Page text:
Morrison’s app sales pitch fall flat – but Aussies should back it

Forget the attempted bribes by politicians, people should download the COVIDSafe app in order to support frontline workers and vulnerable Australians, says Mark Diamond.

When it comes to the Federal Government’s COVIDSafe app, Australians are not buying what Scott Morrison is selling – and this is a big problem.

After an initial burst of enthusiasm, the take-up rate for the app is slowing, and the country is barely half-way towards the target level of 10 million downloads.

The response to the app sits in stark contrast to the way Australians have otherwise responded to the coronavirus crisis.

By and large, we have accepted the restrictions of social distancing, stayed at home, and looked after each other.

Those of us lucky enough to have kept our jobs, and those of us not needed on the front line of public services, have taken to remote working.

But while most of us have accepted small sacrifices, workers in sectors like health and aged care, emergency services and retail are putting their own lives on the line to keep our society going.

Transport workers are on the front line

In the rail, tram and bus industries, our members in public transport are also on the front line – not knowing if they are being exposed to COVID-19 on a daily basis.

It’s these workers who deserve our support – along with the elderly, people with chronic health conditions, and the many Australians who simply don’t have the financial means to self-isolate.

And it’s these people who need the rest of us to download the COVIDSafe app.

The COVIDSafe app is a smart and sensible way to use modern technology to aid the painstaking and critical work of contact tracing that is being done by teams of public health workers across the country.

If you do happen to contract the disease, and you have the app installed on your mobile device, then people you may have inadvertently and unintentionally infected can be identified and notified.

If it works effectively, then the app is a potential game changer in the fight against this deadly disease.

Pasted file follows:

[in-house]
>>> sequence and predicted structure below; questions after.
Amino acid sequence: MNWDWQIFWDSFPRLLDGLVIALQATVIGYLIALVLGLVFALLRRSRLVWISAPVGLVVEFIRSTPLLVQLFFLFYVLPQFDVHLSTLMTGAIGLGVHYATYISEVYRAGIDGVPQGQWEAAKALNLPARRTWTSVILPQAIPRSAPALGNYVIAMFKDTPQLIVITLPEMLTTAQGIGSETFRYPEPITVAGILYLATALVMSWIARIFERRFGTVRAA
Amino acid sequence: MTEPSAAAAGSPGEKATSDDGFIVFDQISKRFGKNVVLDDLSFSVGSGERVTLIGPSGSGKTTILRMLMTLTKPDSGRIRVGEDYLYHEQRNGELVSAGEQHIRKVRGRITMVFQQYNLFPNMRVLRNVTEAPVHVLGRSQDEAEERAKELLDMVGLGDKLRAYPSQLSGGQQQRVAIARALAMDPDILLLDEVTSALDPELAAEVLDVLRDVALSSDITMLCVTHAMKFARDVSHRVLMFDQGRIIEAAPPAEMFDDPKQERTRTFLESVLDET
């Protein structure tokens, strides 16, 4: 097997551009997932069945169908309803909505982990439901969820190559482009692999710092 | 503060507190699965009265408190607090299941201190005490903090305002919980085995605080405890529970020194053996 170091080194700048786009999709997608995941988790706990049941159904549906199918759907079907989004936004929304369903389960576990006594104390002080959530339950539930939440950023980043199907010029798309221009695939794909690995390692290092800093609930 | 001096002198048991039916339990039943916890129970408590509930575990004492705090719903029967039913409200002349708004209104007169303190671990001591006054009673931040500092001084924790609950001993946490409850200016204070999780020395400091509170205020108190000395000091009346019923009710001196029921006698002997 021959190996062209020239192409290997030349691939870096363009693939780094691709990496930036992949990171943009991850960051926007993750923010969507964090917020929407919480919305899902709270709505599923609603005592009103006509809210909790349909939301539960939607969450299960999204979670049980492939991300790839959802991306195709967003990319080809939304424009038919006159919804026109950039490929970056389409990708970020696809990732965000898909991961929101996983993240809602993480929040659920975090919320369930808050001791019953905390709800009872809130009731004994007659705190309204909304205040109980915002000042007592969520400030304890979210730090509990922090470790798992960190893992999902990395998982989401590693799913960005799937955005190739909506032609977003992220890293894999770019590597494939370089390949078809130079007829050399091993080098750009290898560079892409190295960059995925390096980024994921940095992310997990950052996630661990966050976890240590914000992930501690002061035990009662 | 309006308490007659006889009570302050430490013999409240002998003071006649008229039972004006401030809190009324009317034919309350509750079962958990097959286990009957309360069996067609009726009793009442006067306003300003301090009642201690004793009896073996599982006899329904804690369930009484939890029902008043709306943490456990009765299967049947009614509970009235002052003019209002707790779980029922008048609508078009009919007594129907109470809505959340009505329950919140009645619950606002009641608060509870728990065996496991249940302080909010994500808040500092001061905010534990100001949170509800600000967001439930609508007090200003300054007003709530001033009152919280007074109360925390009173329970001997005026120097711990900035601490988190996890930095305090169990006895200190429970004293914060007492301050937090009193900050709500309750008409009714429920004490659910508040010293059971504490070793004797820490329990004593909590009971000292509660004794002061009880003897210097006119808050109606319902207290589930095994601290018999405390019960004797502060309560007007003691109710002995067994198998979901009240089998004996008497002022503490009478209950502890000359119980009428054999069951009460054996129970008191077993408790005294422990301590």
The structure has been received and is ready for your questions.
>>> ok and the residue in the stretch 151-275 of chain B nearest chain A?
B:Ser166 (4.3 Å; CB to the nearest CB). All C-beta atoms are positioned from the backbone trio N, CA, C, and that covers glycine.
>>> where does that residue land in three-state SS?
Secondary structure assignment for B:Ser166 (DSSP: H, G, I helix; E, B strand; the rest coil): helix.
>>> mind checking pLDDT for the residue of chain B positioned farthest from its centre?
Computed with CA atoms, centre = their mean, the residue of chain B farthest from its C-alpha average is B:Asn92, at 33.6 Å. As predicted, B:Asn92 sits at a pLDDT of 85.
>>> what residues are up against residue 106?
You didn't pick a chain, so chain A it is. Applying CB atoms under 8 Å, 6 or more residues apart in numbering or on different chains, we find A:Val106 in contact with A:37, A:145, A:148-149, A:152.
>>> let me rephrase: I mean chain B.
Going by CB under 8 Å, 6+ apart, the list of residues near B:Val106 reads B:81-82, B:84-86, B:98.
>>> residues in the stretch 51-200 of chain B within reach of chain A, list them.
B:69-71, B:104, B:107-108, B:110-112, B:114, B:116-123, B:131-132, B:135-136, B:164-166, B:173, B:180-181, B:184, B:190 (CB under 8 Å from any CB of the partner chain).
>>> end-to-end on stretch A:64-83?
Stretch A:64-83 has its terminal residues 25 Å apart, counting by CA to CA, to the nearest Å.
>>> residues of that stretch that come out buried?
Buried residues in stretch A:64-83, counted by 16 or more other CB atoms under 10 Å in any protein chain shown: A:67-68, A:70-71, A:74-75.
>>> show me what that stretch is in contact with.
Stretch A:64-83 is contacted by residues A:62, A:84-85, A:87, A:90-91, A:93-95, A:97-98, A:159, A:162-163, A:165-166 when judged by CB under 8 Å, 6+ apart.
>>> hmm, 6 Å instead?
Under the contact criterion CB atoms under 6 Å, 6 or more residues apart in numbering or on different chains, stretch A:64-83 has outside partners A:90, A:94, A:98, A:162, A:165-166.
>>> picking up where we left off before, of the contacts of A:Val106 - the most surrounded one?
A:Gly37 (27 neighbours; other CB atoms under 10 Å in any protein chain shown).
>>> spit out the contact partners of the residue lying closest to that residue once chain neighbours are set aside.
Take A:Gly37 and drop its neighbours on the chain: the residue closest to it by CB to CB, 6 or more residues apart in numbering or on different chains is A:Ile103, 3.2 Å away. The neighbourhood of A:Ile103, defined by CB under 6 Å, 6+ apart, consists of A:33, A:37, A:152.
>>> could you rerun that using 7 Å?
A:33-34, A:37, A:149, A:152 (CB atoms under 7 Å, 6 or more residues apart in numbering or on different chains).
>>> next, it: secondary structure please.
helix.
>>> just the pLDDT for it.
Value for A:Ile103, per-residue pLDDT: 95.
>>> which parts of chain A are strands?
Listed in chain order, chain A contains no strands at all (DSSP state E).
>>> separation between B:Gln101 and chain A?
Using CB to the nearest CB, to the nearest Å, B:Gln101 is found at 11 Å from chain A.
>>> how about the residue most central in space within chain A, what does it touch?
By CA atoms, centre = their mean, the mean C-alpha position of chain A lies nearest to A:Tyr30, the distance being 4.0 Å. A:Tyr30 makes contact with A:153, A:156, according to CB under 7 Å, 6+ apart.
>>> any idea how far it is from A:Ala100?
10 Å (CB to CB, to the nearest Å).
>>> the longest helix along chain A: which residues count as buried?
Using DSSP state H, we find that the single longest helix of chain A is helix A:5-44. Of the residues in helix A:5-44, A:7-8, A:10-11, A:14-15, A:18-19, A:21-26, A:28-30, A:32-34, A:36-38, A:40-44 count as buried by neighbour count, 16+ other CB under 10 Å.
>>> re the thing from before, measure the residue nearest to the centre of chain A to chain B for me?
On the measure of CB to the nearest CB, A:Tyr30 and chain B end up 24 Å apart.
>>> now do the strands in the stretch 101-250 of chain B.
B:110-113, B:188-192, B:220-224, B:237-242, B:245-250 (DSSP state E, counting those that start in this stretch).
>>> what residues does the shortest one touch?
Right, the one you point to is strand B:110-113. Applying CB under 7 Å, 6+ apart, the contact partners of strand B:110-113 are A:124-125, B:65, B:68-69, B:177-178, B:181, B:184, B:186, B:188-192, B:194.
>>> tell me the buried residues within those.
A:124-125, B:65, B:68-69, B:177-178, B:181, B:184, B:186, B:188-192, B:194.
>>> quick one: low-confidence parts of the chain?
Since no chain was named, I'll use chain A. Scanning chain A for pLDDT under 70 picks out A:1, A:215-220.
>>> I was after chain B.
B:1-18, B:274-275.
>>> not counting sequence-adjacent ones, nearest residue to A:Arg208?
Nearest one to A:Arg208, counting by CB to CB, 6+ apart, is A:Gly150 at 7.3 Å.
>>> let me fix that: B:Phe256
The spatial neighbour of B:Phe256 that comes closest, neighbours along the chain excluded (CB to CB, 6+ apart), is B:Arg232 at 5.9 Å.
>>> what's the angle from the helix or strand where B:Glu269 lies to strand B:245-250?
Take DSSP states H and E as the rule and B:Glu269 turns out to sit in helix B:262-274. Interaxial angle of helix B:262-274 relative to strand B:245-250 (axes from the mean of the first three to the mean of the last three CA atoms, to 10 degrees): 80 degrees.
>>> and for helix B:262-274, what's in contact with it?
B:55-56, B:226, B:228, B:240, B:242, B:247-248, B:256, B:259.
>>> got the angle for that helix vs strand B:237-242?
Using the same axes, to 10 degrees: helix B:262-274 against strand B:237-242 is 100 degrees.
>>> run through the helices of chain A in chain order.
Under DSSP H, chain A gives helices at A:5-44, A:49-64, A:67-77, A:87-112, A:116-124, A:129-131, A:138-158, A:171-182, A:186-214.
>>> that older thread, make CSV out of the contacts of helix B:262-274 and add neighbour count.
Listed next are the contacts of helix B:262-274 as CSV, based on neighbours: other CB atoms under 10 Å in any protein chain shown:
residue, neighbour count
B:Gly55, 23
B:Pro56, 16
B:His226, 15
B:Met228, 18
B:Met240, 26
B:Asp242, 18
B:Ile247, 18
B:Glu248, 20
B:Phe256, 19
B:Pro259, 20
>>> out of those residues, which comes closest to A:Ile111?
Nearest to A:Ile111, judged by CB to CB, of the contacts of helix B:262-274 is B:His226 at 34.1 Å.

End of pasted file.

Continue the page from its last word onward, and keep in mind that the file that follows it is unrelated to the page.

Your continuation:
That’s why it is worrying that the Federal Government has been so unsuccessful in prosecuting the argument for the app.

Worrying, but probably not surprising.

Liberals and Nationals have poisoned the idea of collective responsibility

The Liberals and Nationals have spent at least three decades traducing the notion of an inclusive community where everyone is both welcome and supported.

They have embraced an American-style individualism over the values of collectivism.

And they have run-down the public sector in the name of “small government”, all while ridiculing Australia’s social safety net as a relic of “big government”.

The inference has been that the public sector is a malevolent force that people need to be protected against.

Ironically the actions of conservative governments themselves have done enormous damage to public confidence in our institutions.

The horror of the Federal Government’s infamous “robo debt” program, which saw thousands of Australians pursued for debts they didn’t owe, was a frightening example of how governments can mis-use technology to target their own citizens.

It’s no wonder people think their political leaders can’t be trusted.  And it’s no wonder that getting people to install a government app on their phone has turned into a tough sell.

What's next, free steak knives?

Now Scott Morrison needs Australians to get on board with a big public sector program that requires them have trust in government.

“We’re all in this together” may be the theme song, but from the outset Mr Morrison has been reluctant to call on Australians to upload the app as an act of civic duty – possibly because notions of collective responsibility were outside his rhetorical capability.

His Damascene conversion to a supporter of social inclusion and strong interventionist government has been unconvincing.

He has looked like a man who can’t wait to snap back to the good old days of demonising asylum seekers.

Initially Mr Morrison tried to convince us to download the app with a clumsy (and misleading) metaphor about sunscreen.

When that failed, he tried to 'incentivise' us – do what I say and I’ll let you go to the footy!

When that still didn’t work, Health Minister Greg Hunt upgraded the offering - we’ll let you go to the pub too!

What will they throw in next, a set of steak knives?

Trade unionists are leading the way

Right now, Mr Morrison needs to throw out his marketing textbook and find his heart.

In fact, he needs to find his inner trade unionist.

Trade union members are not threatened by the idea of collective action.

We understand that people working together are more powerful than individuals acting alone.  We believe in the common good.

That’s why trade unions like the RTBU have got behind the COVIDSafe app, and why we are encouraging all Australians to be part of the team effort to defeat this insidious disease.

Mark Diamond is the National Secretary of the Rail, Tram and Bus Union (RTBU).